Digitalization connects people, instruments, equipment, and systems to facilitate work and collaboration. Like automation, this can be used to monitor processes and enhance productivity. Maintenance processes, for example, can be automated and supervised by a central system to prevent equipment malfunction.

Instruments and systems can be connected to the internet to promote communication. Cloud computing allows for faster, more flexible database access. Data is easily shared, allowing global collaboration; scientists can access experimental data remotely, no matter where they are. As the pandemic showed us, adaptability is invaluable, and laboratories embracing digitalization can better deal with disruptions.

Lab Automation

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A Glimpse Into The Lab Of The Future

A Laboratory Information Management System (LIMS) manages samples and workflows and provides a secure and centralized interface with data. Laboratories with a strong digital foundation provided by a LIMS will have access to new tools. Among these new tools, we will find artificial intelligence (AI), robotics, augmented reality (AR), and virtual reality (VR).

Artificial intelligence, as mentioned before, can automate laboratory processes, control equipment maintenance, and streamline existing workflows. It can also be used to analyze massive amounts of data generated and deliver unprecedented insights.  

Robots can perform laboratory work accurately and efficiently, especially repetitive tasks, and reduce human error risk. Robots are ideal for working with biological hazards and reducing human risks. It is especially useful in biotechnology since microorganisms frequently need to be handled.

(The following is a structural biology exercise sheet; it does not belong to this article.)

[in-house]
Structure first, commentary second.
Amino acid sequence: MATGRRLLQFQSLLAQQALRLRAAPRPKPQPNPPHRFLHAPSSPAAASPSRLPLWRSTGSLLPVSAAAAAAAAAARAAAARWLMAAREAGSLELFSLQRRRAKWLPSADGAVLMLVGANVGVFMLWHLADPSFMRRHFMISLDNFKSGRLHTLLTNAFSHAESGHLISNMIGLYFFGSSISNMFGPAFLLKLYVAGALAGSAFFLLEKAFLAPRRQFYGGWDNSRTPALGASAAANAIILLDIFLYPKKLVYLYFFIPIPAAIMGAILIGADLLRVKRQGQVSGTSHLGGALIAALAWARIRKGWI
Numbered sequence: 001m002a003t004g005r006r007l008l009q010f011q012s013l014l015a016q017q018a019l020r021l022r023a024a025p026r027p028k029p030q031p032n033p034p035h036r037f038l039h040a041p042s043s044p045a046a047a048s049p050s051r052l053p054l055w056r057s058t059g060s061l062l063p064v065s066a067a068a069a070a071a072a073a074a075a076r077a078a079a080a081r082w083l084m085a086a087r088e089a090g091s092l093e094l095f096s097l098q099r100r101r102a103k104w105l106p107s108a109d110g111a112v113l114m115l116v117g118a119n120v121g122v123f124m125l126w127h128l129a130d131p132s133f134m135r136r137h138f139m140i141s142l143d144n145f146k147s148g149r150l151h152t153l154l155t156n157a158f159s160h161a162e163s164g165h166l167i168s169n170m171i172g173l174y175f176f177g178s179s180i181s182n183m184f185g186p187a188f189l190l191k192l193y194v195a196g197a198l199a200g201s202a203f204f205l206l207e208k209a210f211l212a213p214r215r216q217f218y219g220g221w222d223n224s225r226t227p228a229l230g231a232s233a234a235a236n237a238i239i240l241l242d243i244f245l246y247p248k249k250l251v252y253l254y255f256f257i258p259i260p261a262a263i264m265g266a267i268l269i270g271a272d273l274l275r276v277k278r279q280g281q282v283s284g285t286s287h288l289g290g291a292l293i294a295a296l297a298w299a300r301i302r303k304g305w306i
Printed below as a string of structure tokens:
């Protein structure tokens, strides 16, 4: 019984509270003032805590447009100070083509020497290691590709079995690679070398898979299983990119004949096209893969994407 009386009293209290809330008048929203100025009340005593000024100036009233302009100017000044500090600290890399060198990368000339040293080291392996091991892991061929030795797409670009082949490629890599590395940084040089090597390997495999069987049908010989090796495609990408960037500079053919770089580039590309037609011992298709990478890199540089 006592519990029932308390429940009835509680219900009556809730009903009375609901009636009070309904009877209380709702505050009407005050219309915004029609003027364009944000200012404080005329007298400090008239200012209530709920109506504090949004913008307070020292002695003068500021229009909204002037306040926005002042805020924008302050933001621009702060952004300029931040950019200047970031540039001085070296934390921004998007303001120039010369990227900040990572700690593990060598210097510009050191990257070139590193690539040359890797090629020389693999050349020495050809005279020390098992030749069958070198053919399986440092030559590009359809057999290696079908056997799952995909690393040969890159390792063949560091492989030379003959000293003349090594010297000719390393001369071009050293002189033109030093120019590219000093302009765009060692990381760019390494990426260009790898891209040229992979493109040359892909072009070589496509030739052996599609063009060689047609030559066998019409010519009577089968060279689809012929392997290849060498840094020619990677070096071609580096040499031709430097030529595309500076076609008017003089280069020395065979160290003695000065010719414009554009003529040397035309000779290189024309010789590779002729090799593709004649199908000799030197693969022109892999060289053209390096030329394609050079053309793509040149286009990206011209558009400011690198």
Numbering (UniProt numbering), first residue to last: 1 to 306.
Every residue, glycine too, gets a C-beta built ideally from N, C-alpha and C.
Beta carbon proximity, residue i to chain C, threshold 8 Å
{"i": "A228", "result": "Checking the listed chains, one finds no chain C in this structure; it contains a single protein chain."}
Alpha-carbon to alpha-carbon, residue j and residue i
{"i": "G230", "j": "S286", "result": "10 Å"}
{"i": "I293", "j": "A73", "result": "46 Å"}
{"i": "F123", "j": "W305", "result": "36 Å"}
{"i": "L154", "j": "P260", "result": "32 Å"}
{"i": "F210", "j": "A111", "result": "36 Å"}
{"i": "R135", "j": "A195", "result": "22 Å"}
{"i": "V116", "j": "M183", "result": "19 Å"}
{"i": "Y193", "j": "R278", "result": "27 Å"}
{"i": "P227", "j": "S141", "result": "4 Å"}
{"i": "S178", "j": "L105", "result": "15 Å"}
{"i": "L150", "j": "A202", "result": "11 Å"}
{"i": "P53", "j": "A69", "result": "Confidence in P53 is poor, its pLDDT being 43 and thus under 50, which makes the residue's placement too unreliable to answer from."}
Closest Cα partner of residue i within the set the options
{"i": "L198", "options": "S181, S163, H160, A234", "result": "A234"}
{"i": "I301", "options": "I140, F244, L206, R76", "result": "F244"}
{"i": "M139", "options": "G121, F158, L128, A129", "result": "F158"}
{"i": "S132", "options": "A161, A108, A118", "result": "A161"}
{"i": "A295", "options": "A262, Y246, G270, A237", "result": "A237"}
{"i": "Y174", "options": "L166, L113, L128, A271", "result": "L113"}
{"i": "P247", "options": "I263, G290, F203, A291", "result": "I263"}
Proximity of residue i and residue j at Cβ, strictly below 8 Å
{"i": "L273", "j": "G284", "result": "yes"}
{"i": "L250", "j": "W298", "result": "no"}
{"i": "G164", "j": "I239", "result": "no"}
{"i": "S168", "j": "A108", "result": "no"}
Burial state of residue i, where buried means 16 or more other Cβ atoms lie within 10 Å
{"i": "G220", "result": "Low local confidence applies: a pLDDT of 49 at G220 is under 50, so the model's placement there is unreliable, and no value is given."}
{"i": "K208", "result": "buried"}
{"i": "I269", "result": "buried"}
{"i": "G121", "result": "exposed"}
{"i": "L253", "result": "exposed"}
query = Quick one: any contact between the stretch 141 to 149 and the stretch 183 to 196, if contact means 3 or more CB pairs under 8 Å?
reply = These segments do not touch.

AR and VR can be used to create a truly intelligent laboratory with interactive technologies. For instance, it can be used for collaboration. Scientists in different labs worldwide can see the same environment and use the same data. It also permits real-time data capture via electronic notebooks.

Beyond The Laboratory: Wider Benefits

This future-proof environment will also attract highly skilled workers and allow existing staff to expand their skillset. The advancement of technology will create opportunities for new roles within biotechnology and outside. Industry 4.0 augments the demand for highly-skilled professionals in sectors such as sustainable waste management, environmental engineering, extensive data analysis, and many more.

Aside from being more competitive and efficient and creating jobs, innovative biotechnology labs can easily transition to sustainable practices, which is crucial to address the current global challenges. The increased productivity helps reduce the use of natural resources.

Altogether, biotechnology labs that have made the leap to Lab 4.0 will contribute to a food-secure and low-carbon future by efficiently designing advanced biofuels, more efficient agriculture practices, and accelerating the transition to a circular, restorative and regenerative economy.  


Further Reading

Last Updated: Aug 30, 2022

Lounes Dala

Written by

Lounes Dala

Lounes graduated from the University of Nice-Cote d’Azur with a Bachelor of Science in Life Sciences in 2016. This first degree ignited his interest in Science as a whole and heightened his awareness of the climate crisis. More importantly, it allowed him to harness his passion for learning and curiosity, a key to communicate Science accurately across various topics.